HARARE - President Robert Mugabe’s Zanu PF said yesterday it was ready for face-to-face talks with opposition parties and civil society to find solutions bedevilling the country.
Zanu PF spokesperson Rugare Gumbo said dialogue was possible with former Prime Minister and MDC leader Morgan Tsvangirai but first he has to drop claims that president Robert Mugabe and his party had rigged last July’s elections.
Gumbo spoke hours after Tsvangirai issued a statement dubbed “Personal Reflections” where he repeated calls for talks to help end the economic slide — part of a push by the opposition which fears the economic hardships could turn into a full-blown crisis and destabilise an already fragile country.
“The economic transformation that we want to achieve requires the voice of everyone, including the opposition and civic society,” Gumbo told the Daily News yesterday.
Gumbo however took exception to Tsvangirai’s blame game, saying “there is no point in pointing figures” but rather in working together in order to deal with problems besetting the country.
“He (Tsvangirai) has an agenda and he is just grandstanding,” Gumbo said.
“What we need to do as a country is to focus on economic issues affecting us. Many Zimbabweans do not understand the problems we are facing. Let us stop fighting for the sake of fighting.
“Let us eliminate criticism for the sake of criticism. It is a tragedy that Tsvangirai blames the president it is not a blame game. He just cannot open his mouth without uttering something bad. We want to change the landscape in our country.”
Zanu PF’s tone signals a shift in position, after initially out-rightly dismissing calls for dialogue to save the economy – describing Tsvangirai, who was in a four-year uneasy coalition with Zanu PF until last year, as a “daydreamer” desperately trying to worm his way back into government and enjoy the attendant perks.
This comes as Tsvangirai repeated calls for a multi-stakeholder national dialogue on the economy and there are growing concerns about Zanu PF’s capacity to turn around the economy.
The MDC rebels led Tendai Biti have also called for a “national transitional technical council (NTTC)” to run the economy.
“Naturally the NTTC must be a by-product of broad national dialogue,” said Jacob Mafume, spokesman of the so-called MDC renewal team.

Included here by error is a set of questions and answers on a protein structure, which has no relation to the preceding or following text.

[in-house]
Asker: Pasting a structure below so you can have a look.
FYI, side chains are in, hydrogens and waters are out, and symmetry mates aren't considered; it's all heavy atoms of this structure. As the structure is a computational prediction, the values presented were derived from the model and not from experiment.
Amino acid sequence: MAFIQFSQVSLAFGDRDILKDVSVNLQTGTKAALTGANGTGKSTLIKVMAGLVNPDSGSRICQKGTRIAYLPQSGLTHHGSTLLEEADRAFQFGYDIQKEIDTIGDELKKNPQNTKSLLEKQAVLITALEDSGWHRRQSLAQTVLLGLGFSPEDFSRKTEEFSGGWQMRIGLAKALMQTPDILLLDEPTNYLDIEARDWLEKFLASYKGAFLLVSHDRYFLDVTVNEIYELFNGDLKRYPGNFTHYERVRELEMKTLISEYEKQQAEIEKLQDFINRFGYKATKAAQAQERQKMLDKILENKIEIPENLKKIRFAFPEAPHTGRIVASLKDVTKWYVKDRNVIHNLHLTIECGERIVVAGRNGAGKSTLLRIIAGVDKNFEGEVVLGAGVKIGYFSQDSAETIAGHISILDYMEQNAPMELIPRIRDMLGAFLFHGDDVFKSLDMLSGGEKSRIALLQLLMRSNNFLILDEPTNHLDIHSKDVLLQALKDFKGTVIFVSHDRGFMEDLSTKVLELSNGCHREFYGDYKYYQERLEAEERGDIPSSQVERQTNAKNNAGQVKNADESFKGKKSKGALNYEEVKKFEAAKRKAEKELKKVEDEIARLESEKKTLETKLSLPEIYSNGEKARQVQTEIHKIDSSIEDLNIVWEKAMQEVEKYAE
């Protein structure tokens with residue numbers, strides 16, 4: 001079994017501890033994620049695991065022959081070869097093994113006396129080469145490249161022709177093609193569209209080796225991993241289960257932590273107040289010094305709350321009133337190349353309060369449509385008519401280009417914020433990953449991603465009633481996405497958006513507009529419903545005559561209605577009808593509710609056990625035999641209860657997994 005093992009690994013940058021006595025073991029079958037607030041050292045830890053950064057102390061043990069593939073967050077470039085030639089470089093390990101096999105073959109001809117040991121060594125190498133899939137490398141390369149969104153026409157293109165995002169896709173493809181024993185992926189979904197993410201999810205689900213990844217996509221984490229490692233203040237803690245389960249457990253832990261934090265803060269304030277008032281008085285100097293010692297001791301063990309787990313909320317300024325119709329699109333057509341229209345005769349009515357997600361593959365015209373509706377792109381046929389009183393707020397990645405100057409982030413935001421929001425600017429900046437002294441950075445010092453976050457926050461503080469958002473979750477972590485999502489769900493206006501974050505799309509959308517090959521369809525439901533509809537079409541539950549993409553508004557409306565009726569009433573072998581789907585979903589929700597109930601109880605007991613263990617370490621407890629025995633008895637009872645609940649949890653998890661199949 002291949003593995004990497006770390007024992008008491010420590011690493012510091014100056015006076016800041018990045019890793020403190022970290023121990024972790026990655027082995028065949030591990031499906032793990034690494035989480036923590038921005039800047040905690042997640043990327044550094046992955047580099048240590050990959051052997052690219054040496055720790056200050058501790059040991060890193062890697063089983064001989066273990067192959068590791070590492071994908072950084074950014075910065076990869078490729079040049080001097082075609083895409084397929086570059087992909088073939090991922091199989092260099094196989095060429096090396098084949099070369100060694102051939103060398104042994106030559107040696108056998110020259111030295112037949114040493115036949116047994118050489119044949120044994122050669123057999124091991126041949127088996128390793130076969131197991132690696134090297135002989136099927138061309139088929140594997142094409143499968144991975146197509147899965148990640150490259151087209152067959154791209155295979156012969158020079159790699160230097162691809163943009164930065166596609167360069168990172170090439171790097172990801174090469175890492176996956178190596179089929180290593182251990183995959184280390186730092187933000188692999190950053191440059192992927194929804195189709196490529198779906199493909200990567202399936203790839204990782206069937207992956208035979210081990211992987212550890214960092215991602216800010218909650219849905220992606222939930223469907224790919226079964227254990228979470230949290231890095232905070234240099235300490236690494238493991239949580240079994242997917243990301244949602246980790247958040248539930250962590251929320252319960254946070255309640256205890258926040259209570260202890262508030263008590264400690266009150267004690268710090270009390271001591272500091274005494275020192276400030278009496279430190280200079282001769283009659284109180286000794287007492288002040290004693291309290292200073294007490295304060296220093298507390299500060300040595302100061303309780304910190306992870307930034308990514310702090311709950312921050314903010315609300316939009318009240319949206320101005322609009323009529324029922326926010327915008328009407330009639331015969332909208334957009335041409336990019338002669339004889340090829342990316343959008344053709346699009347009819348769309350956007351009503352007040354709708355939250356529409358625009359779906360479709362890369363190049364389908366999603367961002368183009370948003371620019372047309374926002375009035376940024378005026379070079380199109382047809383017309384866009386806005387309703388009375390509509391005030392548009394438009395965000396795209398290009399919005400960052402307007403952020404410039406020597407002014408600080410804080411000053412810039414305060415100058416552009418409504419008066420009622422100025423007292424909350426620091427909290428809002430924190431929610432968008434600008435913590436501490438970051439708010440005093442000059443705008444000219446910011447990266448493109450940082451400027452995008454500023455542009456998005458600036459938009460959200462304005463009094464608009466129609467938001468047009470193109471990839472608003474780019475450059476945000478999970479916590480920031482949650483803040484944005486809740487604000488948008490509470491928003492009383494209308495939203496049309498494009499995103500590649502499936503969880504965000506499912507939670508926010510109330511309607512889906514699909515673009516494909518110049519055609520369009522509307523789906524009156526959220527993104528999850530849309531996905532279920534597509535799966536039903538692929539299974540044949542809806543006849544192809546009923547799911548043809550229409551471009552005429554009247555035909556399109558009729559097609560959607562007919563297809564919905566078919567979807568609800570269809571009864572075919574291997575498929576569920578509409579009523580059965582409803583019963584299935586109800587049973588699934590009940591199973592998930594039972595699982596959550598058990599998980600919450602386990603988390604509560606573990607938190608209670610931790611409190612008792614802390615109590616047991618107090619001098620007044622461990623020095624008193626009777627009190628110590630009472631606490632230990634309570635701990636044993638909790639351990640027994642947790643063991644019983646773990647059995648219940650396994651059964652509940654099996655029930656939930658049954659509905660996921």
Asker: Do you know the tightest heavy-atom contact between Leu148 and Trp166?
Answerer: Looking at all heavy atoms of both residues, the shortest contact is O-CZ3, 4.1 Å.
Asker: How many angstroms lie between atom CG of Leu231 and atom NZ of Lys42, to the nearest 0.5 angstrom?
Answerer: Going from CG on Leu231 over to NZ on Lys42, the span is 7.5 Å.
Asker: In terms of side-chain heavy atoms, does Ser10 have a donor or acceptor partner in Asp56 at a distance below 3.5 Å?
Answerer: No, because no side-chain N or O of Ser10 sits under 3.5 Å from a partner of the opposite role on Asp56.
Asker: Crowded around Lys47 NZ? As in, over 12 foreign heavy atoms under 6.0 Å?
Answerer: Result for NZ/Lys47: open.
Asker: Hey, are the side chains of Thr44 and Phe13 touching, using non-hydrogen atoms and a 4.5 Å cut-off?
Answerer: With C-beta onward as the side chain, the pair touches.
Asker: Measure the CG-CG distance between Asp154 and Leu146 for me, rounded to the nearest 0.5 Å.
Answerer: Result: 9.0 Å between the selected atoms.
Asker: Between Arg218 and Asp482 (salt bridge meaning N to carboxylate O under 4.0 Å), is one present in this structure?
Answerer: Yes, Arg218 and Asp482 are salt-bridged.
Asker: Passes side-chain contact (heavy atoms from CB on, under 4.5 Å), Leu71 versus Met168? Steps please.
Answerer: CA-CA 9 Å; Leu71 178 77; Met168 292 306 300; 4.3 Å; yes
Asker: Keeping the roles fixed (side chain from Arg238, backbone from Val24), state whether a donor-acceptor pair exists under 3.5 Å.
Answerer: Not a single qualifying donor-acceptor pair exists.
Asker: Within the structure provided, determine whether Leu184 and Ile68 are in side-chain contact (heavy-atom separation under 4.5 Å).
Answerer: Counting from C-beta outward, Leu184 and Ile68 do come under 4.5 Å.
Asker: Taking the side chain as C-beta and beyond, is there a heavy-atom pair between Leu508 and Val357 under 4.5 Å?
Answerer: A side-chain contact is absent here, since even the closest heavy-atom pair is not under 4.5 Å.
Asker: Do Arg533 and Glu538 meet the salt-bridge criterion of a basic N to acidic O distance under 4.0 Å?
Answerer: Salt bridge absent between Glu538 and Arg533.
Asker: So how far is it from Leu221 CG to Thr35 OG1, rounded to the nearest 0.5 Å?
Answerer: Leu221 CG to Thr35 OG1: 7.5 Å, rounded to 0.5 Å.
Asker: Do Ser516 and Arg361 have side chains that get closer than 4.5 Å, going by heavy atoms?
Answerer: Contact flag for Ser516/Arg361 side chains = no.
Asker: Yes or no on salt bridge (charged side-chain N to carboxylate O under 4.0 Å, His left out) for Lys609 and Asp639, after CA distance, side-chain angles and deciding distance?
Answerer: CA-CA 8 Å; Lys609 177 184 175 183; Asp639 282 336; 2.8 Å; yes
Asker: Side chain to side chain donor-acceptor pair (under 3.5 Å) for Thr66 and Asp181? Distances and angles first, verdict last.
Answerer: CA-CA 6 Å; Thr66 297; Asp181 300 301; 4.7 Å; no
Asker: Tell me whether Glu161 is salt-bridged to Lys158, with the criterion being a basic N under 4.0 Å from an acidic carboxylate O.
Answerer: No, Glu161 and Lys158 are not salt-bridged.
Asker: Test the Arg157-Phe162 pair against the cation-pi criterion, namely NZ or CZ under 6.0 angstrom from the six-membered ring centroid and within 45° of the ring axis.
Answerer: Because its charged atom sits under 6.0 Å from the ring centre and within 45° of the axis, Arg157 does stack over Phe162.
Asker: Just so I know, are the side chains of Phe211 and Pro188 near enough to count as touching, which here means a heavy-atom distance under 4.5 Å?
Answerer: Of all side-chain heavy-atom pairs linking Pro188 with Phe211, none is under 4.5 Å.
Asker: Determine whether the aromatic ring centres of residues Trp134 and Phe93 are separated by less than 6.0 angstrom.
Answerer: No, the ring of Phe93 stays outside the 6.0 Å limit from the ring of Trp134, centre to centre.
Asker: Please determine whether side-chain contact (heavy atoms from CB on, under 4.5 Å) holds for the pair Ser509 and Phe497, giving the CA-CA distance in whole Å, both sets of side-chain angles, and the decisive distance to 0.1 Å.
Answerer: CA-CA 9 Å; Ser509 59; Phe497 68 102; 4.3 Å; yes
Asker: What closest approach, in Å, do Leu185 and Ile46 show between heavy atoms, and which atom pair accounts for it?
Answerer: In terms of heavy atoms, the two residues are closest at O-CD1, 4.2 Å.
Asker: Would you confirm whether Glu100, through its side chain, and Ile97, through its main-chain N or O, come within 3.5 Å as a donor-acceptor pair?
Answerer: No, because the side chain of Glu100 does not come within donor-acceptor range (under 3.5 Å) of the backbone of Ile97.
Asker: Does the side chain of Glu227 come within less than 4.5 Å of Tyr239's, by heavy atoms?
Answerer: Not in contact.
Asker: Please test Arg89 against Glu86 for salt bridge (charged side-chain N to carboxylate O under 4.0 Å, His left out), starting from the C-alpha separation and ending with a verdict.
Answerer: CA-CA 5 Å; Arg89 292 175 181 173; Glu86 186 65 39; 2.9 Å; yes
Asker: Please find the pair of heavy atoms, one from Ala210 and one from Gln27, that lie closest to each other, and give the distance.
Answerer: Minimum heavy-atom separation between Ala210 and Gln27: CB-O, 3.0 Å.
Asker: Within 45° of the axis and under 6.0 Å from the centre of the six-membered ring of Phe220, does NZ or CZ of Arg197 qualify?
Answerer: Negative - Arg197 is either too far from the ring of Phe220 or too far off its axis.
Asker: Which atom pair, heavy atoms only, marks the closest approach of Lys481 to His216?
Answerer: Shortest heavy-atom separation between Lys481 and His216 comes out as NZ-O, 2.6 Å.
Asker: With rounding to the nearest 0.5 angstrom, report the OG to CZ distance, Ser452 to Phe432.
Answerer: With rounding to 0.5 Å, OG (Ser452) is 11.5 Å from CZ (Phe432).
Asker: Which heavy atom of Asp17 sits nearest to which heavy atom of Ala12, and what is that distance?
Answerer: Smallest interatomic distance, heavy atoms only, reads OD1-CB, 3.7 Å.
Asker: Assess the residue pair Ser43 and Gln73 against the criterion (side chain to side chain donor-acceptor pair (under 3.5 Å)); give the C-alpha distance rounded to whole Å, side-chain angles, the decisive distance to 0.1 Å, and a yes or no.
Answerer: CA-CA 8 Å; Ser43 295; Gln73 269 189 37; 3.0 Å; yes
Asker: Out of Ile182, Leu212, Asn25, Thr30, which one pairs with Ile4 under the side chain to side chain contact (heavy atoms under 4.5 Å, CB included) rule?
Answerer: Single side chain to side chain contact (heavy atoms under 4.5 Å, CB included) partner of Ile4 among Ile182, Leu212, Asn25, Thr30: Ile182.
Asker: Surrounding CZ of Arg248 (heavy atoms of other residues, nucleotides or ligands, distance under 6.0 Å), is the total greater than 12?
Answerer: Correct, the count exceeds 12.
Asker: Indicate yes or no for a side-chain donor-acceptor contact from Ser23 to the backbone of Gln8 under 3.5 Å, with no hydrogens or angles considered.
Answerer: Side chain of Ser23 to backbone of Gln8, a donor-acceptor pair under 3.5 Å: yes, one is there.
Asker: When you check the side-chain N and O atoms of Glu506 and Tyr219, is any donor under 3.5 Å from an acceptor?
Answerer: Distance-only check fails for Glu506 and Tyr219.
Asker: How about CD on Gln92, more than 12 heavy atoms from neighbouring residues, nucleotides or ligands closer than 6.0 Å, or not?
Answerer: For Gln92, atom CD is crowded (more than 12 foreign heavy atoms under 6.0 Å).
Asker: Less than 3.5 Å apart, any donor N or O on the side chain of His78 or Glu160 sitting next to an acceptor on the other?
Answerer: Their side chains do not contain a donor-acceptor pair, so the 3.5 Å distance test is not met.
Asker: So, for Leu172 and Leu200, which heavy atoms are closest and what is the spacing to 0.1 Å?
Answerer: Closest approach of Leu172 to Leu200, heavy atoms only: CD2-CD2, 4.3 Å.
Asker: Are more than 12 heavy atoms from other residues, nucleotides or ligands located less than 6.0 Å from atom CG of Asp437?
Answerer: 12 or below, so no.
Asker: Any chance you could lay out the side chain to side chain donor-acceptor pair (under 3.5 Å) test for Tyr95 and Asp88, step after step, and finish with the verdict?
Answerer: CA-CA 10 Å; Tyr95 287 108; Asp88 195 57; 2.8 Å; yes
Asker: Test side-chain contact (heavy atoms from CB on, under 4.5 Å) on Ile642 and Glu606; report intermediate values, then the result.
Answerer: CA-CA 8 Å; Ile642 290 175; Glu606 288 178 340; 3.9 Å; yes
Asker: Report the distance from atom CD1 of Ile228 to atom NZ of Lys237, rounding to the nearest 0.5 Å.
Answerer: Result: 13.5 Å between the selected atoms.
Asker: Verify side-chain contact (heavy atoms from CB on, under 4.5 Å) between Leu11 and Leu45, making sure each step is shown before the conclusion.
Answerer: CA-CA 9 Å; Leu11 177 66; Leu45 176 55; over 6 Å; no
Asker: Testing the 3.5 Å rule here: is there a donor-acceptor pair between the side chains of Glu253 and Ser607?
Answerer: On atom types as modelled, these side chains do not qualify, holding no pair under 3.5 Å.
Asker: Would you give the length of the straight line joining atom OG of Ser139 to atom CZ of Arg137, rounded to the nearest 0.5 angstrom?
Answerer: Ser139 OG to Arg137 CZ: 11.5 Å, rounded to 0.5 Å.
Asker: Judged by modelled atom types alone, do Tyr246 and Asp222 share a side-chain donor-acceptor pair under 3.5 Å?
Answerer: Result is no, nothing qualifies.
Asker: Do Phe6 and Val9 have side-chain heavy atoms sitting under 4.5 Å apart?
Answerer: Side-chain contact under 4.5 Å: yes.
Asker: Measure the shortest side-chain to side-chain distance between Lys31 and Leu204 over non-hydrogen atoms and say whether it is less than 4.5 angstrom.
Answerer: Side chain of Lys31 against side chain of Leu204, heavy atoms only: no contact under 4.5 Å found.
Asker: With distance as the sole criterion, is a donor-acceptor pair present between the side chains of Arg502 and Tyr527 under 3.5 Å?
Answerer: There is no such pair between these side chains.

“Further, the NTTC, cannot and should not be construed as a second government of national unity.
“As the MDC renewal team, we do not believe that a Government of National Unity right now, will be in the best interests of Zimbabwe contrary to the opinions of some of our former colleagues.”
In a recent report titled “Zimbabwe’s international re-engagement: The long haul to recovery”, London-based Chatham House (Chatham) warned that the Zanu PF government cannot single-handedly resuscitate the economy.
“The government… cannot reinvigorate the economy and this will require a truly national effort that – even if is temporary – brings together political parties, economic and social stakeholders in a collective effort to address the economic crisis. Otherwise, all the parties will lose credibility,” the independent policy institute says.
Since romping to an emphatic but controversial election victory last year, Zanu PF has been saddled by a myriad of problems, including managing public expectations, failure to pay its workers, provide clean water and electricity.
The ruling party is now banking on its economic blueprint, the Zimbabwe Agenda for Sustainable Socio-Economic Transformation (ZimAsset) to revive the economy, but the blueprint is stymied by a $27 billion funding shortfall.
Insiders said a meeting between Mugabe and Tsvangirai, which would be their first face-to-face encounter since the election last year that the ex-premier insists was rigged, would be “critical” to finally halting the economic decline.
Officials said such talks might take place soon, as long as Tsvangirai recognised Mugabe as a duly elected and legitimate president.
Gumbo’s statements are the clearest indication yet that Zanu PF is now eager to seek help to tackle the economy, including with groups hitherto classified as enemies of the State.
Tsvangirai predicted that the economic turmoil afflicting the landlocked nation would bring Zanu PF to the negotiation table.
“In January this year, I made a state of the nation address in which I spoke of the need for dialogue to address the debilitating economic and social crisis that we face,” Tsvangirai said.
“I notice the emerging consensus on my call for dialogue. The same call has been made by international institutions, Cabinet ministers, economists and civic society.
“Given our current economic paralysis, that national conversation to rescue the nation has become more urgent than ever before. There is an urgent imperative for a national conversation of more players than just political parties. The important aspect is that our dialogue must this time be broadened to include the trade unions, the church, students, industry and other stakeholders.”